Ecommerce in Vietnam is a booming industry that is estimated to be worth $24 billion in 2025. The competition is cut-throat and features heavily-invested companies such as Shopee, Sendo, Lazada and Tiki.
One of the biggest corporations in Vietnam, Vingroup, announced this month its intention to suspend all operations of adayroi, its e-commerce branch. For a good reason. In 2018, the four biggest e-commerce firms listed above lost a total of approximately $220 million.
The financial losses are understandable given the customer acquisition cost, investments in warehouses or assortment centers and the delivery cost. If Amazon Now is a standout service with its 2-hour delivery, within-day delivery can be considered a subpar service in the E-commerce world in Vietnam. Most of the main players are committed to delivery within hours inside Hanoi and Ho Chi Minh. The following is what E-commerce players plus Grab, a major ride-sharing app and a pivotal delivery partner in Vietnam, commit with consumers. Note that these commitments come with restrictions.
It is no easy feat to make such a commitment given how terrible traffic is in Hanoi and Ho Chi Minh. Look below for just a taste of what the traffic is like in the two biggest cities in Vietnam
It will be interesting to see how these companies can be profitable, how they can branch out to other provinces outside Hanoi and Ho Chi Minh, how they can delivery returns to investors and whether they could come up with something similar to Prime and AWS that obviously contributed so much to the health and profitability of Amazon.
I am in the middle of a visit to Vietnam. Here are a few casual and randome observations I have had so far
In addition to VAT, there is a new, at least to me, item on each bill: service fees. Based on my experience, it’s about 5% of the original bill. I hadn’t seen anything similar before.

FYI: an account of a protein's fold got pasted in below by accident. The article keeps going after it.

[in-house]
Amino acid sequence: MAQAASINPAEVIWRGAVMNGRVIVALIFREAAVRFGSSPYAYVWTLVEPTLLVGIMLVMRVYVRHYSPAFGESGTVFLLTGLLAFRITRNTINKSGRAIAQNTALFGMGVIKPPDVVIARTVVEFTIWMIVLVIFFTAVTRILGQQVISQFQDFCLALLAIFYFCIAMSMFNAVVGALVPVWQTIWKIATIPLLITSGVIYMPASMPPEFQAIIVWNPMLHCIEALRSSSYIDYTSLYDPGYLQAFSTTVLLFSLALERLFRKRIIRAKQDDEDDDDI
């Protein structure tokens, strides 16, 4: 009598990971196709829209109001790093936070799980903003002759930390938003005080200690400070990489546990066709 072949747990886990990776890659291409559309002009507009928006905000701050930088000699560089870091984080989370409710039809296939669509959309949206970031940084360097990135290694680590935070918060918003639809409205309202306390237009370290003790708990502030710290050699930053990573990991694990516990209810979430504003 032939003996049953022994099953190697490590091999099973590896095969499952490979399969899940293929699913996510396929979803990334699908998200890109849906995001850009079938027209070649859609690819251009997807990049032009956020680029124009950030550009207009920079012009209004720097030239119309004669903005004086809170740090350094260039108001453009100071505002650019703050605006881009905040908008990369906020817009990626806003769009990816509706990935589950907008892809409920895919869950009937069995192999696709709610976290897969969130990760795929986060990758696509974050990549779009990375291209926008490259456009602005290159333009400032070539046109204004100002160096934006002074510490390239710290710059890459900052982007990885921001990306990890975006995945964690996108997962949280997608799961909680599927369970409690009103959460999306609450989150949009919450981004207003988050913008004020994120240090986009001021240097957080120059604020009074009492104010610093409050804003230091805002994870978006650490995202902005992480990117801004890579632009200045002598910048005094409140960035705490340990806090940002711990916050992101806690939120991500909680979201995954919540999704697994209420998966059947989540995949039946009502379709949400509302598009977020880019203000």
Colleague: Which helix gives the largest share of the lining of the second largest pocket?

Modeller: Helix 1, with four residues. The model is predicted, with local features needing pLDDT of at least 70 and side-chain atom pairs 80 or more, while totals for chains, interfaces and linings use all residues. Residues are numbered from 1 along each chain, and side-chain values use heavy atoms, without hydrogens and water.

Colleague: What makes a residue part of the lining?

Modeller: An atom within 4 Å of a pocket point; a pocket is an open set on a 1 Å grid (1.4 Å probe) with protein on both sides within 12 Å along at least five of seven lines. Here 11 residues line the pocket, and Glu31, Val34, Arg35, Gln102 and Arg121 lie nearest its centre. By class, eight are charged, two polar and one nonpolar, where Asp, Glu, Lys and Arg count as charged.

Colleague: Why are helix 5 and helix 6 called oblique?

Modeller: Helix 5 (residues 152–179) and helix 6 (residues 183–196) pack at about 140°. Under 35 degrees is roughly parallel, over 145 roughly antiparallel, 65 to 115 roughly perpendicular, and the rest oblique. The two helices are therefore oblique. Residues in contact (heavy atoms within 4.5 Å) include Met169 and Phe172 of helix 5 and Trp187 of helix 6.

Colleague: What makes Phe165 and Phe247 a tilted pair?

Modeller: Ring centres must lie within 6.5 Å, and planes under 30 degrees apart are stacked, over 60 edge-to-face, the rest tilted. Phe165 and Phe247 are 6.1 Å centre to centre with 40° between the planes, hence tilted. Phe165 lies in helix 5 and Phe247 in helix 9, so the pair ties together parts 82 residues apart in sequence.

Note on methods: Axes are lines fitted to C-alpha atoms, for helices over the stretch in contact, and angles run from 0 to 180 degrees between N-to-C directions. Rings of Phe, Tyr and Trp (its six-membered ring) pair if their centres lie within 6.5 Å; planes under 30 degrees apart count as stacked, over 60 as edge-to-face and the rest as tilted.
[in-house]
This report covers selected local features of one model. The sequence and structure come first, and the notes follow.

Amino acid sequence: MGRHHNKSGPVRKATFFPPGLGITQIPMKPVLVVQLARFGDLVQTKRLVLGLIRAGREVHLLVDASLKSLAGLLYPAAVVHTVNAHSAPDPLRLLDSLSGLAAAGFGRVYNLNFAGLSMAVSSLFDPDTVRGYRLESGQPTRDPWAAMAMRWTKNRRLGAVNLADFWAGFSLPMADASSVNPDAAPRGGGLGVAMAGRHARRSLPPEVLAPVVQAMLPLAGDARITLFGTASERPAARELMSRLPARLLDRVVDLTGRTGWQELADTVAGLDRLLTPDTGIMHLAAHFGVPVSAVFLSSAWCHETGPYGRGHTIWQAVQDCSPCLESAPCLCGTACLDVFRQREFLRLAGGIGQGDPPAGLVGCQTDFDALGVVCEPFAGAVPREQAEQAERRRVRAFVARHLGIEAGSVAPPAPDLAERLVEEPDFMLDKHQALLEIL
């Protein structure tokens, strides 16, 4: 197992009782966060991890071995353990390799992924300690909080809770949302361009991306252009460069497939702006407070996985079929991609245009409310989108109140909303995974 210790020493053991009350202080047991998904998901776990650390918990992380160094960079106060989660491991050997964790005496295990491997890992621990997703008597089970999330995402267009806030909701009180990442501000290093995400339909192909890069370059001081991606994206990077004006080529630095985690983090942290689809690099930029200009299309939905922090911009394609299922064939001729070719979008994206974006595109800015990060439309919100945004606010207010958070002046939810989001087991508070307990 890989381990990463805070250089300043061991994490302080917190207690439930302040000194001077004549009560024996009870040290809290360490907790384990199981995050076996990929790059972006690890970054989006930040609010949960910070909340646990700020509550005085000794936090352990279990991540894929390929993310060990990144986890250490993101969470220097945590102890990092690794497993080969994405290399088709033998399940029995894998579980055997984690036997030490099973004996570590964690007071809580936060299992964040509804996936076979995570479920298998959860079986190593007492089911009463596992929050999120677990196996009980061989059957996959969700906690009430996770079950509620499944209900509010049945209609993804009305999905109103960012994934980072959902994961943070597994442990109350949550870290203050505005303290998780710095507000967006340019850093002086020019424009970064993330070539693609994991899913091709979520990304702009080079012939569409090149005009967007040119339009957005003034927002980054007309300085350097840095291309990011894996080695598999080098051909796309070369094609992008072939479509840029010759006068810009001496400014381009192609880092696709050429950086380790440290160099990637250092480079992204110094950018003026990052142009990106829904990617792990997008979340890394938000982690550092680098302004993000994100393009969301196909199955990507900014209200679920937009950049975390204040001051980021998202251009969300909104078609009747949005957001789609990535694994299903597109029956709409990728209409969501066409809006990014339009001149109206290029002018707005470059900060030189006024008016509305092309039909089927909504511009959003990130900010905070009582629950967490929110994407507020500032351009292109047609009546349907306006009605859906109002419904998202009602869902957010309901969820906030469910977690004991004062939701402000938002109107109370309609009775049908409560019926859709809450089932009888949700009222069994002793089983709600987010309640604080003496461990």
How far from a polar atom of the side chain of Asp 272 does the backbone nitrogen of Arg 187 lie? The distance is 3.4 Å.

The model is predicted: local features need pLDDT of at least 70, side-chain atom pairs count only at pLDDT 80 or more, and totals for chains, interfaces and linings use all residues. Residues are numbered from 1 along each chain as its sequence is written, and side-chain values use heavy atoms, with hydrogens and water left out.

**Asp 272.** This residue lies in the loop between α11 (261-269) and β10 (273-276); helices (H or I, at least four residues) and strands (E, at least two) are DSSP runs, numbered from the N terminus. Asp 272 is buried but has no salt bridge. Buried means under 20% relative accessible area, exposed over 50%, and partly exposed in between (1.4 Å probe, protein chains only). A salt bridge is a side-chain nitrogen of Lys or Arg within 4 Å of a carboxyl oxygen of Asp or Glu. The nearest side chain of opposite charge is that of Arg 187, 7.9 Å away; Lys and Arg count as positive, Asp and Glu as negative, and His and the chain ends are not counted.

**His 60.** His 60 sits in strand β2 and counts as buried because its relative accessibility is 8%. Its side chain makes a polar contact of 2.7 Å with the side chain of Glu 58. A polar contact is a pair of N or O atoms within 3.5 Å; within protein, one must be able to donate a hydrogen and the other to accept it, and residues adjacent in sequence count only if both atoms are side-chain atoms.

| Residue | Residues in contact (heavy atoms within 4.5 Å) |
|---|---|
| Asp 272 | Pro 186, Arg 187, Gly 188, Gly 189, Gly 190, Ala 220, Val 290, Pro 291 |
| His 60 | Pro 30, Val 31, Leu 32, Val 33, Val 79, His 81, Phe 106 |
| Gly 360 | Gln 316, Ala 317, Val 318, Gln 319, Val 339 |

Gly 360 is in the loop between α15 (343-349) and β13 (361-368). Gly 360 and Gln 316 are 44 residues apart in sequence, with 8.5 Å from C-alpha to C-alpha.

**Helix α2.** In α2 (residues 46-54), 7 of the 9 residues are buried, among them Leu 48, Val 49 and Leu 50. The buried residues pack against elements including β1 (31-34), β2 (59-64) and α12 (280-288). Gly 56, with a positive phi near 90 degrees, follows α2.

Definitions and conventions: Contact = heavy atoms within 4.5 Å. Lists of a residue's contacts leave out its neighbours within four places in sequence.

Grab drivers in Hanoi don’t shift gears
A lot of Vietnamese people use manual scooters to commute. To be an effective and efficient driver, you need to shift gears so that you have more power after a stop and more speed when you are already moving stably. Effective gear shifting makes a ride more pleasant and protects the engine better. However, I noticed from a few Grab rides in Hanoi that drivers don’t shift gears. A few shifted gears, but it’s nowhere near enough to be effective
Grab drivers double charge customers the airport fees
At Tan Son Nhat airport in Ho Chi Minh city (Saigon), there is a toll that automobile drivers need to pay only once when they are getting out of the airport. On my way home from the airport, I was asked by the driver to cover that fee, which amounts to 10,000 VND (roughly $0.4). I was fine with that because I saw him pay the toll. However, when I was in a car entering the airport, the driver never had to pay anything. Yet, he still charged me the same amount. I am sure that he would ask the next passenger to pay as well.
Traffic jam at the airport
Knowing the ridiculous amount of traffic overflow that Tan Son Nhat has to handle, I booked the second earliest flight to Hanoi and got to the airport around 4am, thinking that the check-in would be short and quick. Boy, was I wrong! It was super crowded. It took me 75 minutes in total to complete check-in and security checks! At 4AM! Imagine the normal or peak hours!
Difficulty in exchanging currencies
Before I left the US for Vietnam, I withdrew some cash to cover my expenses. The ATM gave me only $20 bills; which I had no problem with since I didn’t think there would be any issues. On the first day in Vietnam, I tried to convert it into the local currency and it was not the smoothest thing in the world.
Firstly, you are charged a lower exchange rate with $20 bills than with $100 bills. Secondly, if your bills have small tears, some ink – no matter how small, or the print blurried a bit by time and excessive contact with human hands, the bills won’t be accepted by banks in Vietnam. You either have to go to local jewelry stores to do the exchanging or keep your dollars.
Grab – On its way to become a Super app
Gab entered Vietnam as a competitor of Uber. It proceeded to buy out Uber. Now, every person I know uses Grab for commute. I am sure other ride-hailing apps have customers, but Grab is by far the dominant player. Plus, you can do a lot of things with your Grab account including ordering food, paying bills, booking hotels and paying subscriptions
Retailer Adoption of Apple Pay Quickens. Since I was able to use Apple Pay on my phone, I have been using it as the first payment method, even in a city as small as Omaha. I have been a pretty happy user ever since.